The Business Reality of Open Booking
This analysis appeared October 9, 2013 in Cornerstone Information System’s “Insight & Opinion” section.
Open Booking, noun: A travel industry term concocted to describe the process whereby problems that don’t exist are solved using techniques that don’t work, so as to produce savings that can’t be defined.
I’m not specifically against Open Travel or Open Booking, but if it’s such a good idea a straightforward case should be made in favor of it, using real data and sound business arguments. The fact that this doesn’t happen is very telling.
Open Booking rests upon a theoretical foundation that is distant from the real world and requires us to suspend belief in how travel distribution works if we are to adopt it. A few business concerns and examples may bring Open Booking’s contradictions into focus.
Travel Management Companies
The “M” in TMC represents Management. TMCs provide value because they appropriately manage the travel process on behalf of their customers; when they fail that value disappears.
Open Booking’s proponents speak of the evolving role for TMCs looking like a subscription-based service where agents provide support regardless of where and how reservations are made. How this might be an improvement over a TMC’s involvement in the current online booking process is left somewhat mysterious.
In the real world, TMC experience and expertise can shorten the path to correct decisions and avoid the wreckage from bad ones. While it’s not impossible to clean-up problems after the fact, it is typically more difficult and expensive–as anyone with experience at a subscription-based 24-hour travel support service could tell you.
To suggest that TMCs should support corporate travel in this mode by default is to say that their services have little or no value–which is clearly not the case.
Whatever its flaws, travel management operates the way it does because it works. Desiring to correct those flaws is not a testimonial for Open Booking.
Corporate travel managers should have concerns beyond the basic cost of travel services, one being duty of care. Broadly speaking, in the real world this is a generally accepted principle which says that individuals must take reasonable care when performing actions that could foreseeably cause harm.
It applies in business as in other areas of life. Concerning travel, the possible implications are obvious, as there are numerous services informed and prudent people should not use, places they should not go, and things they should not do.
Allowing or even requiring travelers to bypass a source of expertise that is well-known, established, and otherwise available to them might not cause a duty of care problem, but the potential is real and shouldn’t be dismissed in the quest for imaginary travel cost savings.
Managed or Not?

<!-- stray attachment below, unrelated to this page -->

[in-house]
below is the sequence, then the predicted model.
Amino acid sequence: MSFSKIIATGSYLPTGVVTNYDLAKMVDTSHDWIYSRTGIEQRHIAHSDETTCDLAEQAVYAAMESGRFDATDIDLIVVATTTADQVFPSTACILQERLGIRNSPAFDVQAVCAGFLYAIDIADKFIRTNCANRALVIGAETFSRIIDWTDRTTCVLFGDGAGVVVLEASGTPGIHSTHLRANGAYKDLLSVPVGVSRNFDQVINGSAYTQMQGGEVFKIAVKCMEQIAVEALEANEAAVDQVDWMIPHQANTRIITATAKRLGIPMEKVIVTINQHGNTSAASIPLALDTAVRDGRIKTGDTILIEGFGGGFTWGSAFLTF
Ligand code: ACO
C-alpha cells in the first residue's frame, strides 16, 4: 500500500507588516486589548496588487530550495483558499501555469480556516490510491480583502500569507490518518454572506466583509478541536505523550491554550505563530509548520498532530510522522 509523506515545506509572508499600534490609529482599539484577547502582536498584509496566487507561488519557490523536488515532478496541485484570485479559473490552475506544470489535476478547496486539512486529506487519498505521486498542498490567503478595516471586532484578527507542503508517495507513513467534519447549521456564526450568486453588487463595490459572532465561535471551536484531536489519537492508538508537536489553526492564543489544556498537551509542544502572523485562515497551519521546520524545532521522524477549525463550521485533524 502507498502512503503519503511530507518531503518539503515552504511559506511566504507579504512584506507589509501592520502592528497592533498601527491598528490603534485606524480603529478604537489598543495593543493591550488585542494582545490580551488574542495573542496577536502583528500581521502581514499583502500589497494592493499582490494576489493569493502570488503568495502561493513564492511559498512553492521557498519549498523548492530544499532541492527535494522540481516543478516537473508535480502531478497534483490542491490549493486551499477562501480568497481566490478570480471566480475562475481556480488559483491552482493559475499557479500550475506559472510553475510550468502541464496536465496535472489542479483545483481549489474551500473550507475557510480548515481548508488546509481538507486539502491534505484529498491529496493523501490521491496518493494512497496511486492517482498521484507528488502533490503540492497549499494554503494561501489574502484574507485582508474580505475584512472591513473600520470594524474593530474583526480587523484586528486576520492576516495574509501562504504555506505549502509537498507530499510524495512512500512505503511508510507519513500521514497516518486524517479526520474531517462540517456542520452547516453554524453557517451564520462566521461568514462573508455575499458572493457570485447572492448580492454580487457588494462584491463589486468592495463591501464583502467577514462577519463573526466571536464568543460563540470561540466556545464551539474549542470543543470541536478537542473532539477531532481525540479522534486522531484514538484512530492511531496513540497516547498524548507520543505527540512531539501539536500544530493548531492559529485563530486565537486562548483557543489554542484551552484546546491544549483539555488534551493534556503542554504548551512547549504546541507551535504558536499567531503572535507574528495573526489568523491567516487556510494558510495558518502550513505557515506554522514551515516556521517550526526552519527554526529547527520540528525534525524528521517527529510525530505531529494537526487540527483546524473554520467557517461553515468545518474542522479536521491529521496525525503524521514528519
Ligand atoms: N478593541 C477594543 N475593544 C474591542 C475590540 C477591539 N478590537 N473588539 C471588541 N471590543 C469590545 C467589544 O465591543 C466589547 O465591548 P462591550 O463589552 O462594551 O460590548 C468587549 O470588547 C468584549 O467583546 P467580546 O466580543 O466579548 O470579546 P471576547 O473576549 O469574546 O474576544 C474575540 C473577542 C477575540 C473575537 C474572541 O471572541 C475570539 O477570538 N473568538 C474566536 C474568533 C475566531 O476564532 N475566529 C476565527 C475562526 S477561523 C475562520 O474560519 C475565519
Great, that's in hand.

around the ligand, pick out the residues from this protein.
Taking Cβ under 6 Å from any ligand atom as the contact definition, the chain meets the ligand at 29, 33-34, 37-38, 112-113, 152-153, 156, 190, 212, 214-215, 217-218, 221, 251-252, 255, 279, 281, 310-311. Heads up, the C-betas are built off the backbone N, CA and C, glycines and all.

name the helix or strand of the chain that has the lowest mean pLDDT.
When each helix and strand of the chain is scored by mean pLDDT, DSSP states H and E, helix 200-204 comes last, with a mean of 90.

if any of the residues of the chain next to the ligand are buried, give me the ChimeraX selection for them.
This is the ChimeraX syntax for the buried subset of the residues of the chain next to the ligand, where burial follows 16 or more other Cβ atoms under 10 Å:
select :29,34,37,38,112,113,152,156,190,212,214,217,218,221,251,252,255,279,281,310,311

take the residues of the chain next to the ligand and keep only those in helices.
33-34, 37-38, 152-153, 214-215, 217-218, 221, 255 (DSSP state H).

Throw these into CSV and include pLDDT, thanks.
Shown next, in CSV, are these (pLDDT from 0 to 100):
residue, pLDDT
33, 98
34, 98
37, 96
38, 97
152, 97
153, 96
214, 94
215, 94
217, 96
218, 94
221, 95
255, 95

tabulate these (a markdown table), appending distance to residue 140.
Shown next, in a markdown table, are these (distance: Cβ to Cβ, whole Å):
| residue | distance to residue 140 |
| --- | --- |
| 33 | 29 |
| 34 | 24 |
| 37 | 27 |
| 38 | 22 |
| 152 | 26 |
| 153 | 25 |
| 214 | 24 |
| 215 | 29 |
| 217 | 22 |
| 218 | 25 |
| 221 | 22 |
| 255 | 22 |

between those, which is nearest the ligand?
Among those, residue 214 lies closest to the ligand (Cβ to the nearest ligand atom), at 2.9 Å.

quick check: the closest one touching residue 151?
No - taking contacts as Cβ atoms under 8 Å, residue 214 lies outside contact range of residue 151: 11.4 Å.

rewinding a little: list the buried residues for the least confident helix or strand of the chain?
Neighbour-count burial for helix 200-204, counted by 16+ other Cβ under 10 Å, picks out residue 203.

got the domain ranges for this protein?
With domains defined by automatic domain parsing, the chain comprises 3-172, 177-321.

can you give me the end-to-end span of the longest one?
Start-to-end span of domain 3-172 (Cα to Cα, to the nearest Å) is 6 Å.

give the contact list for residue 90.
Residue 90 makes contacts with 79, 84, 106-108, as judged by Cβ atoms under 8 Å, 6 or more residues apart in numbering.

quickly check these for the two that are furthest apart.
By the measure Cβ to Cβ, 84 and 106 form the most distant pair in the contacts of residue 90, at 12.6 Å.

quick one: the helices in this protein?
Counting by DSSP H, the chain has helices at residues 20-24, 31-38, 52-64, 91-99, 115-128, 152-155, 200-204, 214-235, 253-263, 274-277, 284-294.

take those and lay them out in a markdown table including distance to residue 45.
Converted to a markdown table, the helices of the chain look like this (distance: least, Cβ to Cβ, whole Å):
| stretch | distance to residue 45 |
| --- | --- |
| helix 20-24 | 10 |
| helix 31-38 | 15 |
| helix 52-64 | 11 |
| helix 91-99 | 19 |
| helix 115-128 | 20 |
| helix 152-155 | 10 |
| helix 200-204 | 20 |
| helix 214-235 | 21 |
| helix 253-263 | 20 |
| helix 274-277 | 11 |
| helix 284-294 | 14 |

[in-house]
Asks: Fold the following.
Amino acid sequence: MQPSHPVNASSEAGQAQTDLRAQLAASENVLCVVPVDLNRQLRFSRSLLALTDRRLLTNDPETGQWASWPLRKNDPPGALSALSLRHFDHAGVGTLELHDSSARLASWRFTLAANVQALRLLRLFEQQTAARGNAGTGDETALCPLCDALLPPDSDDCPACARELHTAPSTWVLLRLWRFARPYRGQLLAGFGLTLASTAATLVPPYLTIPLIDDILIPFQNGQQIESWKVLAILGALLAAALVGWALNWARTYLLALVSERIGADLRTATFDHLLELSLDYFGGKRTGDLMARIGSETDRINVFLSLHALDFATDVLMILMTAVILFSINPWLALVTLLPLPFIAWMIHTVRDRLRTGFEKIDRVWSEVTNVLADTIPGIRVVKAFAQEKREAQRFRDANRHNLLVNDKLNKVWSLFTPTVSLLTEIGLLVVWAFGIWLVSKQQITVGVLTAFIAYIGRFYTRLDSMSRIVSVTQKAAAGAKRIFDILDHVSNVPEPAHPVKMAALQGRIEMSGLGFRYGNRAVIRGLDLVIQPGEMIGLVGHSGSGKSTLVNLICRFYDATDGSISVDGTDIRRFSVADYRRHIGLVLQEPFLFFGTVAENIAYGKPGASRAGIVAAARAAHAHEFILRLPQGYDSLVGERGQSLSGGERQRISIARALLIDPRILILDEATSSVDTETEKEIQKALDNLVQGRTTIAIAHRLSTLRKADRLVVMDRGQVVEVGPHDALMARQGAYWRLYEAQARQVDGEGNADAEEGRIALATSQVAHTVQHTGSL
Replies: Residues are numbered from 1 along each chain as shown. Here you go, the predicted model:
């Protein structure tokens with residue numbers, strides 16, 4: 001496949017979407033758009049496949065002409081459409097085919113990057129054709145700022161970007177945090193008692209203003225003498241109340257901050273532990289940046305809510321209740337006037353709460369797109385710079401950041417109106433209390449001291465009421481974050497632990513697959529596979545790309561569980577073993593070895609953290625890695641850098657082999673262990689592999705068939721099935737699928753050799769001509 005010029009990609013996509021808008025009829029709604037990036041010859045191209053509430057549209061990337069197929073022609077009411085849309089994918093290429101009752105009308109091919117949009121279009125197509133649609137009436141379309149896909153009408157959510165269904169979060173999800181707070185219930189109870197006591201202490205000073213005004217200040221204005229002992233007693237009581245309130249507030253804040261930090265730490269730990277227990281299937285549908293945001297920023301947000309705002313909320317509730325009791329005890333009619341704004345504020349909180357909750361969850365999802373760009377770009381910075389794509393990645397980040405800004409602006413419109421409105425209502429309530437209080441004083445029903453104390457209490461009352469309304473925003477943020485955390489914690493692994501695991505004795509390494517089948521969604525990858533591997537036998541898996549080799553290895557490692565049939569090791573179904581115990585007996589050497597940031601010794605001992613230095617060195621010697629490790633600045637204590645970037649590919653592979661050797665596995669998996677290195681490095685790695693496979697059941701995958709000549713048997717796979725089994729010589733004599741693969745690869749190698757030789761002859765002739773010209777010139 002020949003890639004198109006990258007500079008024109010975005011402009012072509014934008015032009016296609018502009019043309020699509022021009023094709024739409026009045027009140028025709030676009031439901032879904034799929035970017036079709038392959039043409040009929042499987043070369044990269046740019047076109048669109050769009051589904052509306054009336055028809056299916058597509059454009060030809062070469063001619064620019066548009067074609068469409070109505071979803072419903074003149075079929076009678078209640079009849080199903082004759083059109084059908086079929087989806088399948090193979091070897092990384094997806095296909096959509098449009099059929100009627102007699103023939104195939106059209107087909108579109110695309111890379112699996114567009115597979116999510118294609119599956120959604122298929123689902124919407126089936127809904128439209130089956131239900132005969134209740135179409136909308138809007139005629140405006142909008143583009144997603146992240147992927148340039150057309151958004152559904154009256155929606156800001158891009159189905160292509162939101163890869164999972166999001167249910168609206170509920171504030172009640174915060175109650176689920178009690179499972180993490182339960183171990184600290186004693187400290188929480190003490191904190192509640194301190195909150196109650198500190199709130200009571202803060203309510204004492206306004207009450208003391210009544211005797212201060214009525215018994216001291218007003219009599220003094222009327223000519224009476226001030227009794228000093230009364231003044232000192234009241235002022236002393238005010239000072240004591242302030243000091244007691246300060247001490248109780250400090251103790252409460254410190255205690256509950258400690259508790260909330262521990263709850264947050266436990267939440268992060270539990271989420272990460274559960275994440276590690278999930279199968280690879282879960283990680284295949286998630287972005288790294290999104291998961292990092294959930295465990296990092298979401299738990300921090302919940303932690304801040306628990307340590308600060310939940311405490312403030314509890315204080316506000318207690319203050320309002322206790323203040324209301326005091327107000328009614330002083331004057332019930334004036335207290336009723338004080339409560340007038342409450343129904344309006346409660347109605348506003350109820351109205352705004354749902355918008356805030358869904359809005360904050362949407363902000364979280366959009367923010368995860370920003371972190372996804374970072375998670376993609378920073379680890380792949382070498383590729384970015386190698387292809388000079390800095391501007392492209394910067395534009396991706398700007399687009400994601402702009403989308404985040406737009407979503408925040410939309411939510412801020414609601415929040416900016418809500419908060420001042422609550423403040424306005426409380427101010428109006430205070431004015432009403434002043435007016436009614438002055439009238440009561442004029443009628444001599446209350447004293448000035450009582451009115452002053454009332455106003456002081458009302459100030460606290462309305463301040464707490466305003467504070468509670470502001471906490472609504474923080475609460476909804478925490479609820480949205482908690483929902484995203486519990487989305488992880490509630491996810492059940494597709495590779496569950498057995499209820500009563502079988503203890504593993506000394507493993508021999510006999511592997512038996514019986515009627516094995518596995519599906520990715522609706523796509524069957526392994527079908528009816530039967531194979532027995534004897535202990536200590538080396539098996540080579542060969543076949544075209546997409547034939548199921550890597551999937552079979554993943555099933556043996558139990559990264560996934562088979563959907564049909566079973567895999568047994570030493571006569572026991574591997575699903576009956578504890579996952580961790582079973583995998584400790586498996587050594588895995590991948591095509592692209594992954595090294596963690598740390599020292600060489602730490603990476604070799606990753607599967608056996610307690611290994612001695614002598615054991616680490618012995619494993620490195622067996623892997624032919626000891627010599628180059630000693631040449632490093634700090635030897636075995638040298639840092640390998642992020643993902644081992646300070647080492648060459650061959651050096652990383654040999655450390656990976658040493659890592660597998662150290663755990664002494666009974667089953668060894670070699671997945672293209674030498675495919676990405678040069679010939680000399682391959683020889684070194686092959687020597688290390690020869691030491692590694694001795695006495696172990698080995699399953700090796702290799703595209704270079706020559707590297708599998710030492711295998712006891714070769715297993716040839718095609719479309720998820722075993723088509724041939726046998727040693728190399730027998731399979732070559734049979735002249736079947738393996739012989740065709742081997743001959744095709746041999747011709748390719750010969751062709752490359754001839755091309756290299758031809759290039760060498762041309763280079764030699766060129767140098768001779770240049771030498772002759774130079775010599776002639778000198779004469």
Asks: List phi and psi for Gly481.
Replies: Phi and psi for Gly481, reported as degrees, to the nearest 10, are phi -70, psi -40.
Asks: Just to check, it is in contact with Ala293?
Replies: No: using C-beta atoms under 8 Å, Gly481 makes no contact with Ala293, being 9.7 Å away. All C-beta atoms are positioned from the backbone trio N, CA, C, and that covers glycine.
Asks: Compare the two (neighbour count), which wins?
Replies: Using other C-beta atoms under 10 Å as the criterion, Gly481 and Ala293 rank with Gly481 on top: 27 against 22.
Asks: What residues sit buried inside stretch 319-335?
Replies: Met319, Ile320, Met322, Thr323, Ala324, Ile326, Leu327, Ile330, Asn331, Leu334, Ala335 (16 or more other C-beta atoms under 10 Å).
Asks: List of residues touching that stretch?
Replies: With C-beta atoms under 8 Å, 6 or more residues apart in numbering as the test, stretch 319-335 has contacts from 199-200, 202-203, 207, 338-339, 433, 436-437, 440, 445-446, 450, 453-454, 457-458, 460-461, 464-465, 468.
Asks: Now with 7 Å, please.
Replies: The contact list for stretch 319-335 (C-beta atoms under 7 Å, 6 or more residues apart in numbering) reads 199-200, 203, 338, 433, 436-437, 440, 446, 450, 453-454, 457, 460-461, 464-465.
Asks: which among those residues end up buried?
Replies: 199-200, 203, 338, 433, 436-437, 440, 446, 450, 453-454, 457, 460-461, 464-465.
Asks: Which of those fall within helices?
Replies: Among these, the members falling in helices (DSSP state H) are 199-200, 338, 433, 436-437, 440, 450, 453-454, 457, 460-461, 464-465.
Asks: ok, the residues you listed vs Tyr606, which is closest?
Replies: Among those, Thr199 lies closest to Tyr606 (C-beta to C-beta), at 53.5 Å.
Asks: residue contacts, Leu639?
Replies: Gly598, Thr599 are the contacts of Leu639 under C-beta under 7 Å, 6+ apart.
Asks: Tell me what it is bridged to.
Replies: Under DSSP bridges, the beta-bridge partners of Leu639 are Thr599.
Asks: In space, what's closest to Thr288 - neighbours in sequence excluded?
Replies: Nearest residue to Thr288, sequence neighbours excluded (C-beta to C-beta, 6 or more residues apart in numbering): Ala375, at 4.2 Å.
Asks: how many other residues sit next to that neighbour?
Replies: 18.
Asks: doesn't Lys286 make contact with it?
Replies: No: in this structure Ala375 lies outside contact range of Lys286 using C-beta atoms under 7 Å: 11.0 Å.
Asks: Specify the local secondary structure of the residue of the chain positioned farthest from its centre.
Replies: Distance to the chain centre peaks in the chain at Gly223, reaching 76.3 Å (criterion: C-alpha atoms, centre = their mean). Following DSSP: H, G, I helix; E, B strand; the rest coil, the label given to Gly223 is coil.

Open Booking supporters often affirm that it is not the same as unmanaged travel–a distinction without a difference. When you stop managing in the real world you allow events under your control to be handled in whatever ways the people involved feel is appropriate.
That is the essence of Open Booking. The fact that you might be able to collect data, count the cost of the result, and disagree with choices made doesn’t compensate for the lack of control.
Since 2002 public companies in the United States have operated under the Sarbanes-Oxley Act (SOX), which is a complex set of financial regulations that are intended to correct the financial and management errors that caused the financial scandals of that period. Among many other things, it requires the management of public companies to take specific responsibility for financial reports and for their own actions.
It also imposes requirements as to internal financial controls, conflicts of interest, and the level of understanding management and auditors must have over internal processes and procedures.
Travel is a significant part of most public company finances–often among the largest expenditures. While the specific implications of SOX vary substantially by company, why would it be in the interest of any manager facing such obligations to forsake management-based controls over expenditures that might be counted in the millions in exchange for unproven lower costs and a somewhat lesser level of employee complaints?
SOX is very difficult to reconcile with Open Booking–counting what has been spent or even establishing budgets for travel is not sufficient, as SOX requires control and meaningful representations that proper procedures have been followed.
The Business Reality
Open Booking as it is currently represented is a bad idea for travel agents who have no realistic role in its operation. It’s equally bad for corporate travel managers who are asked to abandon the tools that are central to doing their jobs.